A couple of months ago, Bill Gates uttered a remark that sent journalistic pundits into a tizzy. At a Q&A session during the annual Newspaper Association of America conference, Gates denied that he was hiring reporters to staff his Sidewalk series of online city guides.
The Microsoft chieftain was savaged in articles about the exchange. "DID BILL GATES LIE IN CHICAGO?" screamed a headline atop a story in the normally staid Editor & Publisher.
Such hyperventilated accusations plainly missed the point. First, these interpretations assume that Gates understands the definition of a reporter as journalists traditionally have known it. Second, they are based on the belief that Sidewalk will threaten to undermine the fundamental mission of newspapers, to disseminate news.
Wrong on both counts.
To Gates, the semantics of journalism--particularly "second-wave" journalism--are immaterial. In Microsoft's view, Sidewalk truly isn't hiring reporters in the traditional sense. For the most part, it's hiring entertainment critics and "aggregators," a bloodless Web-inspired term for people who cull information that's already available online and organize links to it.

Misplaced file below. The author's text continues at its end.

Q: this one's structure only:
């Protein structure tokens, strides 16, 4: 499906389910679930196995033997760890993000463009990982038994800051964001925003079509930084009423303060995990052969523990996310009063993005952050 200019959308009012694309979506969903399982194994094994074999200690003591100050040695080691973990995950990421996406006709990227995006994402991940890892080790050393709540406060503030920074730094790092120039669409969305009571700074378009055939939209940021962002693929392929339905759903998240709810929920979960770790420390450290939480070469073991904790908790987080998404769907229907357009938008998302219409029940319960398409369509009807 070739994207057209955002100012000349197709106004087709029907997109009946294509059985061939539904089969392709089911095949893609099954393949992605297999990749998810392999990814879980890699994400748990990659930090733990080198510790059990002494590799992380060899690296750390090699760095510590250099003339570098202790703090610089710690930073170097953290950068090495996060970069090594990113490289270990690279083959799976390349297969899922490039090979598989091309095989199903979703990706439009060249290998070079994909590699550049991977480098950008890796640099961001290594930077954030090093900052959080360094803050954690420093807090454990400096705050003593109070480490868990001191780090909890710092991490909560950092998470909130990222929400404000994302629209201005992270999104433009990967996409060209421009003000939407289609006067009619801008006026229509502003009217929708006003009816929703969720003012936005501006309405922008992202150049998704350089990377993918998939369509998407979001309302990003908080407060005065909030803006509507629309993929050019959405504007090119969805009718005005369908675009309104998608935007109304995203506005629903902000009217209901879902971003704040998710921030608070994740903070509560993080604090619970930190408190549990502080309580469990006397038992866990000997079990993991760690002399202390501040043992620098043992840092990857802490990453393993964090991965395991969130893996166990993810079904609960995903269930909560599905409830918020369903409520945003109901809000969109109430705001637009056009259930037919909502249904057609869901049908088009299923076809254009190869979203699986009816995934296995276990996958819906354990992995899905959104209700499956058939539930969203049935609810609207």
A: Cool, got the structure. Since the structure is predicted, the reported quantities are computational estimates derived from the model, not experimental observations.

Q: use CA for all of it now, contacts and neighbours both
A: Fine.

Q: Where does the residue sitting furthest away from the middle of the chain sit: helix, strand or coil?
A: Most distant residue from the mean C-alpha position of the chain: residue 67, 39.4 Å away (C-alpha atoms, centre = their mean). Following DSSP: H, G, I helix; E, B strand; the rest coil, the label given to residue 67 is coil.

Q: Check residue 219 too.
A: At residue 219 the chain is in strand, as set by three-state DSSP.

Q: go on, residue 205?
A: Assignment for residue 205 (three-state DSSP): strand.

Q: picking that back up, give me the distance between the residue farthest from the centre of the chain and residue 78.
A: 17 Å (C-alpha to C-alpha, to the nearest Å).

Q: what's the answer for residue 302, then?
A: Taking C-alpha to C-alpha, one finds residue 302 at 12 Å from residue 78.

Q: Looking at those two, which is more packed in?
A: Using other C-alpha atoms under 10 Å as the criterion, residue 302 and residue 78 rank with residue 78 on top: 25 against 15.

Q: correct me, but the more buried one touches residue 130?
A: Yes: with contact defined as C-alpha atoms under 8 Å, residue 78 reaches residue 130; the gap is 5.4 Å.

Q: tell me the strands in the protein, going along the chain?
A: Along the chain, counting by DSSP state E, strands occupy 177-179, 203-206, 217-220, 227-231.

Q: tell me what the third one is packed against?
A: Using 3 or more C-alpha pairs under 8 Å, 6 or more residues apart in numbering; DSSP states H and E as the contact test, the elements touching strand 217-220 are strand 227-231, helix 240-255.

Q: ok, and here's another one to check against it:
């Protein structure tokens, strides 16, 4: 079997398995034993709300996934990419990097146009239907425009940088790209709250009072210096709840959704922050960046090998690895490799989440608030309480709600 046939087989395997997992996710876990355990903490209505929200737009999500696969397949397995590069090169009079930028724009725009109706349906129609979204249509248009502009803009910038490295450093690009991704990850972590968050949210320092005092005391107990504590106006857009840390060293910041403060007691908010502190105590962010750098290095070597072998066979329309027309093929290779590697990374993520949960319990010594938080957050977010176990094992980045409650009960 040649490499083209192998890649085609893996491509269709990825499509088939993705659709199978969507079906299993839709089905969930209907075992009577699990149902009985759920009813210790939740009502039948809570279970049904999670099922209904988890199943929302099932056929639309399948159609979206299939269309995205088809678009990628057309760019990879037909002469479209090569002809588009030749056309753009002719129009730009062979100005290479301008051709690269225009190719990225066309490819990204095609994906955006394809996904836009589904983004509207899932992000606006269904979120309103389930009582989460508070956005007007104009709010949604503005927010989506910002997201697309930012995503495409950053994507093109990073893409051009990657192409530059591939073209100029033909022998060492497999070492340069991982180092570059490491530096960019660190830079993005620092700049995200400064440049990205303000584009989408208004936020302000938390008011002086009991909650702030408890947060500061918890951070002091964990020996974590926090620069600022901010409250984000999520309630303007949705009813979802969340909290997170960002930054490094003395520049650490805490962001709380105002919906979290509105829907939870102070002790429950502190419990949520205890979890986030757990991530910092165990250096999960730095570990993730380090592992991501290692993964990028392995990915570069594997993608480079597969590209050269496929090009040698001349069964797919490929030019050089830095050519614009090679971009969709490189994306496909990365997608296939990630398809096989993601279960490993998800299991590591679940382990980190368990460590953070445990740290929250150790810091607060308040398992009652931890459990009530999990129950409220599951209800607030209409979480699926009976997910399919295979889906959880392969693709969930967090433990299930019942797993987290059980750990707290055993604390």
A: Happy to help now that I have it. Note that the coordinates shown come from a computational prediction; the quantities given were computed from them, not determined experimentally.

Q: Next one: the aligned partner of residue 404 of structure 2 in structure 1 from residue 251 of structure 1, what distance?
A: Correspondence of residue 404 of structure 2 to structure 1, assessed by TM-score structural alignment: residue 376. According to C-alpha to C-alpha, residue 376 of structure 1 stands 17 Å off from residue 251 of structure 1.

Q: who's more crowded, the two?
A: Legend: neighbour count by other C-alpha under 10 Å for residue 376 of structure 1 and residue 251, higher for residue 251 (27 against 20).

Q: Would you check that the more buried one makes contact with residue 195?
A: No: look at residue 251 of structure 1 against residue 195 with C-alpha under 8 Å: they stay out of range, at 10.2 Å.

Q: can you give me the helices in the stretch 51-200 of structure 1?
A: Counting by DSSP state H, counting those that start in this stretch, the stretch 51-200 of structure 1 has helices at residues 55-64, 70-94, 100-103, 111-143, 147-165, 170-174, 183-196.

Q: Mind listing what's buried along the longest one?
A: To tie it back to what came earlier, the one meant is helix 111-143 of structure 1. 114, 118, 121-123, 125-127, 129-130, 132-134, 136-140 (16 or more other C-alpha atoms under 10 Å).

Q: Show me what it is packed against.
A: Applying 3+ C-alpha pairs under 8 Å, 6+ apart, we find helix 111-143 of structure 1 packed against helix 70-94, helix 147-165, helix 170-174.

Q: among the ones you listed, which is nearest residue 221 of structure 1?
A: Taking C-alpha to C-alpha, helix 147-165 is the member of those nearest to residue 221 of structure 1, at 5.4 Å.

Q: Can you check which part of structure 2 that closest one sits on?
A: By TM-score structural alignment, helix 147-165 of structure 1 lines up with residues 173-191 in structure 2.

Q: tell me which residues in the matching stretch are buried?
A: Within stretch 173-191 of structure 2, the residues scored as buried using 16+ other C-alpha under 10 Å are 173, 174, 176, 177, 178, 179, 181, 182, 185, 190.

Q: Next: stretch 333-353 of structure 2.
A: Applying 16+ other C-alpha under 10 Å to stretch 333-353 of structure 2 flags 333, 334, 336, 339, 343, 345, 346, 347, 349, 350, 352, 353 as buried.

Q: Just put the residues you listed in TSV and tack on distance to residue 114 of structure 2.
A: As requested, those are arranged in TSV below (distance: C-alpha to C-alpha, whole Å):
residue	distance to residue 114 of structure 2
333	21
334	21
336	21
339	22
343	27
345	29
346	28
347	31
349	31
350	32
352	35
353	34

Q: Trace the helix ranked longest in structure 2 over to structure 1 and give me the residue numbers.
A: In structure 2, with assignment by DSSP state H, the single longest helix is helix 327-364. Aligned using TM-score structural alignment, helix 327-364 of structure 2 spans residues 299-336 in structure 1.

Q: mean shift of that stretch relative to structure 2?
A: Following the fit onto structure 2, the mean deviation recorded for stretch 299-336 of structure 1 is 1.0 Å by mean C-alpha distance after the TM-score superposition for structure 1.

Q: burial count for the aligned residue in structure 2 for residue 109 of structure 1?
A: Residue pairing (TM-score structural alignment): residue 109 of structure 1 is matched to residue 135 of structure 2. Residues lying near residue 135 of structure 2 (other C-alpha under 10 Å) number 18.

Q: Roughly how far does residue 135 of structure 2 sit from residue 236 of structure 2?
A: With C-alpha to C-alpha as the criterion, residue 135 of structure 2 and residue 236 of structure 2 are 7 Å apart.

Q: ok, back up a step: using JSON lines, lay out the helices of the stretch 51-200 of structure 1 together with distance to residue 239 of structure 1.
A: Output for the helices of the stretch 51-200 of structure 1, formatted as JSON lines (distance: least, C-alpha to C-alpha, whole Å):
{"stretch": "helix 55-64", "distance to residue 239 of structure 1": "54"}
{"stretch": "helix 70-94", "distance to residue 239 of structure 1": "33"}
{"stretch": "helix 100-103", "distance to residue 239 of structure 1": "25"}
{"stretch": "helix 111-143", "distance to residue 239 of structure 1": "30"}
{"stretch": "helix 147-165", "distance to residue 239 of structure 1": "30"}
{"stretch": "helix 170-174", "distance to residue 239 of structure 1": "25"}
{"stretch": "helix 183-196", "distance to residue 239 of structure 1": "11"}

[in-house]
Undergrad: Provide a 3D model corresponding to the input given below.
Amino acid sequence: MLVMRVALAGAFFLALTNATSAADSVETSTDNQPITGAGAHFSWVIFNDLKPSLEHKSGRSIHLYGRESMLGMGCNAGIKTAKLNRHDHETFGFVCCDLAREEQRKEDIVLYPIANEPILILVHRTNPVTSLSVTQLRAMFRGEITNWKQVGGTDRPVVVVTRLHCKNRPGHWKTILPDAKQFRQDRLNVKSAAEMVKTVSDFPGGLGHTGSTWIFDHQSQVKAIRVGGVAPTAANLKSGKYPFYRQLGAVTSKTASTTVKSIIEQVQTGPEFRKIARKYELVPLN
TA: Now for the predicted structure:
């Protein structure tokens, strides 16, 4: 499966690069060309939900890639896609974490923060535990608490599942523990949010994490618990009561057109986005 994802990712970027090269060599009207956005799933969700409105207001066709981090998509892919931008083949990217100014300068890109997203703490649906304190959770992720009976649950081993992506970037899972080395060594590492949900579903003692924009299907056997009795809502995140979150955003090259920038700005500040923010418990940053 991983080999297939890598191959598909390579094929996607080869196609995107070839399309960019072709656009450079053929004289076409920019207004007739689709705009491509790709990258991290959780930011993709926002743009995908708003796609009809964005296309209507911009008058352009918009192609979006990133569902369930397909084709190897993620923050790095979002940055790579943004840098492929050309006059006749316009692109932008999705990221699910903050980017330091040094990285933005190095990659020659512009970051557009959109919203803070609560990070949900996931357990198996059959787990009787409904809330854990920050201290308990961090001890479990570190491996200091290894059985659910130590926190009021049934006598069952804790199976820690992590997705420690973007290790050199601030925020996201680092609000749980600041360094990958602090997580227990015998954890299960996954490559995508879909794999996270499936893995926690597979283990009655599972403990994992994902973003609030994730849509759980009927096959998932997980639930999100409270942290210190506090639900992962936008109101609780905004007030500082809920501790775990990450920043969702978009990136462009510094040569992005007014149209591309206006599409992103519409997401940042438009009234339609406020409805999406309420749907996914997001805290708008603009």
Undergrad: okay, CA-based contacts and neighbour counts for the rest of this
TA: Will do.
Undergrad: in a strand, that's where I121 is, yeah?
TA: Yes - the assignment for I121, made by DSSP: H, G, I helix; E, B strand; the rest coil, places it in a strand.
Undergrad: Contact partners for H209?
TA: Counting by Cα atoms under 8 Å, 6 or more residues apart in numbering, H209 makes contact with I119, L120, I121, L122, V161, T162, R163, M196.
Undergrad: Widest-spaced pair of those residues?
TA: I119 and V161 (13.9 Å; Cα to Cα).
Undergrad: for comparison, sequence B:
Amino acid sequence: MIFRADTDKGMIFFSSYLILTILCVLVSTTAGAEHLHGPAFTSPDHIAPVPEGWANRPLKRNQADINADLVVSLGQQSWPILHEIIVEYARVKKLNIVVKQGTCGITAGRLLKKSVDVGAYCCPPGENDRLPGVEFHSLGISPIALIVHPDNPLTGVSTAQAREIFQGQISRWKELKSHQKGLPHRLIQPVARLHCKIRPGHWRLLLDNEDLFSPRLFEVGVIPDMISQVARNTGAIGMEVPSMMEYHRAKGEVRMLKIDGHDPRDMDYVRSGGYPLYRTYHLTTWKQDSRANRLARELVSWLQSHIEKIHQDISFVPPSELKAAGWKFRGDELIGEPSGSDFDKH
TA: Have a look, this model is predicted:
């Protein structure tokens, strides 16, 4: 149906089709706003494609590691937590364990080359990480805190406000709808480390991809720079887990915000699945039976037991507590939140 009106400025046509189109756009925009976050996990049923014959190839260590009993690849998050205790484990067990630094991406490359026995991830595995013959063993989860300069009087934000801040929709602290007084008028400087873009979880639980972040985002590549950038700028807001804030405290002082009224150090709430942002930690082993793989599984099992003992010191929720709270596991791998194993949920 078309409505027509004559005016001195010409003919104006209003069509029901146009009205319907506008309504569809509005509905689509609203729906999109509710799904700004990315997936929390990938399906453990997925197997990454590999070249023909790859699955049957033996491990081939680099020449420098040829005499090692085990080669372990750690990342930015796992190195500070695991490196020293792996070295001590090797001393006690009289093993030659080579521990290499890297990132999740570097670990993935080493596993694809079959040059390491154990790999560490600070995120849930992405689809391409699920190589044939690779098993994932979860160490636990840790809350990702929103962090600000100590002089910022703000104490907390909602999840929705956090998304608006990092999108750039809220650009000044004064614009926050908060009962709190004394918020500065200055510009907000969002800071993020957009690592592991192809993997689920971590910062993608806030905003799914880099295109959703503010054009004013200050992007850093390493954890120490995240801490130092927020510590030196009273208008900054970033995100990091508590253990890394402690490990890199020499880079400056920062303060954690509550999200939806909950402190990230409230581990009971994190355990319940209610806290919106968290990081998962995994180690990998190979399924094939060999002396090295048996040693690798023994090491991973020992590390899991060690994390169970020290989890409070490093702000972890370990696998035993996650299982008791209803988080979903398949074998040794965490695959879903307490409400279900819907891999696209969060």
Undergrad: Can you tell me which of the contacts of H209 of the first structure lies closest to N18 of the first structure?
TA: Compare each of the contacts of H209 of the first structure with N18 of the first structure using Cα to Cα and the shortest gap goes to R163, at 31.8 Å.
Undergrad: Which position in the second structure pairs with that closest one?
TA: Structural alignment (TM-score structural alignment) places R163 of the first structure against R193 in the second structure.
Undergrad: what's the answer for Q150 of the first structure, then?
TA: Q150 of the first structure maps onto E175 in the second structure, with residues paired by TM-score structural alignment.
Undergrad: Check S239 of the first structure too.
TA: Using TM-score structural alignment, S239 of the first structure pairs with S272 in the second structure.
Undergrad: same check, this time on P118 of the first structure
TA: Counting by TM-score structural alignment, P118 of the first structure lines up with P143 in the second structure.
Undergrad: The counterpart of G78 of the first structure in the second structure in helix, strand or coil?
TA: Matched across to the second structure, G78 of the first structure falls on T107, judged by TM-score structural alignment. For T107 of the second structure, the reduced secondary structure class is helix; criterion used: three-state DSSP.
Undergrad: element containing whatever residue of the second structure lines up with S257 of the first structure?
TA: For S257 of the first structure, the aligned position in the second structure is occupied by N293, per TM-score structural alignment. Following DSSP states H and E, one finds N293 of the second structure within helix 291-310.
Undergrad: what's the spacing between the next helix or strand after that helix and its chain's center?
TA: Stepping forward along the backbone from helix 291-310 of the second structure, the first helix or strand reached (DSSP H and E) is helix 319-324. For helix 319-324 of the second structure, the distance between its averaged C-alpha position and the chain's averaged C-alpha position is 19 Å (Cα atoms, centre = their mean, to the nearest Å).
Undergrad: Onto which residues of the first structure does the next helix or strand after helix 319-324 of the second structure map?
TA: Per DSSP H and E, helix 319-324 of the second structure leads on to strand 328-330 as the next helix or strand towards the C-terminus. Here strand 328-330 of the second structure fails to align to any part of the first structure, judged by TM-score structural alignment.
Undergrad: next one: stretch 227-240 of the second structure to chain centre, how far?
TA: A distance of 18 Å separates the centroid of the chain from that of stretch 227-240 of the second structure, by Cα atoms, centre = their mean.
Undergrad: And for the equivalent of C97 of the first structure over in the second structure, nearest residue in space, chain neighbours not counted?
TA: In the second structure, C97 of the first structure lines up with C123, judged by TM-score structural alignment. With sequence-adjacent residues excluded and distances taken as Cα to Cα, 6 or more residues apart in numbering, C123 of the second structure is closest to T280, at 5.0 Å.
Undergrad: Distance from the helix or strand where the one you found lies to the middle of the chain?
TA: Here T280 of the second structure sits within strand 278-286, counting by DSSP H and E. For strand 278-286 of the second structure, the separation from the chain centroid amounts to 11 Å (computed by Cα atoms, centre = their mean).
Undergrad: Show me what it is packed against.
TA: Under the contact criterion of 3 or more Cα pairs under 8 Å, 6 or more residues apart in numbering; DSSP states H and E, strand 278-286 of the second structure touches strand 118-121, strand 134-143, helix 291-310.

The fact that journalists jumped all over Gates for not speaking their language, God forbid, provides a telling indication of why newspapers fundamentally misunderstand the Internet.
Years of success had lulled newspapers into believing that their way of doing things was the only way. So it is understandable that they would assume that Gates and the rest of the online industry would adapt to their way of thinking and their vernacular, rather than the other way around.
This egocentrism is also evident in their assessment of their electronic competition. For some reason, newspapers persist in thinking that online media companies want to produce newspaper-like information and put it on Web sites. As a result, most papers are doing just that, thinking this is the best way to compete for readers online. Big mistake.
A look at how newspapers have evolved in recent decades may help explain why they're taking this path.
Their decline can be traced as far back as the end of World War II, when families began leaving cities for the suburbs. The metropolitan papers didn't follow them, thinking that big-city news would always be readers' first priority, no matter where they chose to live.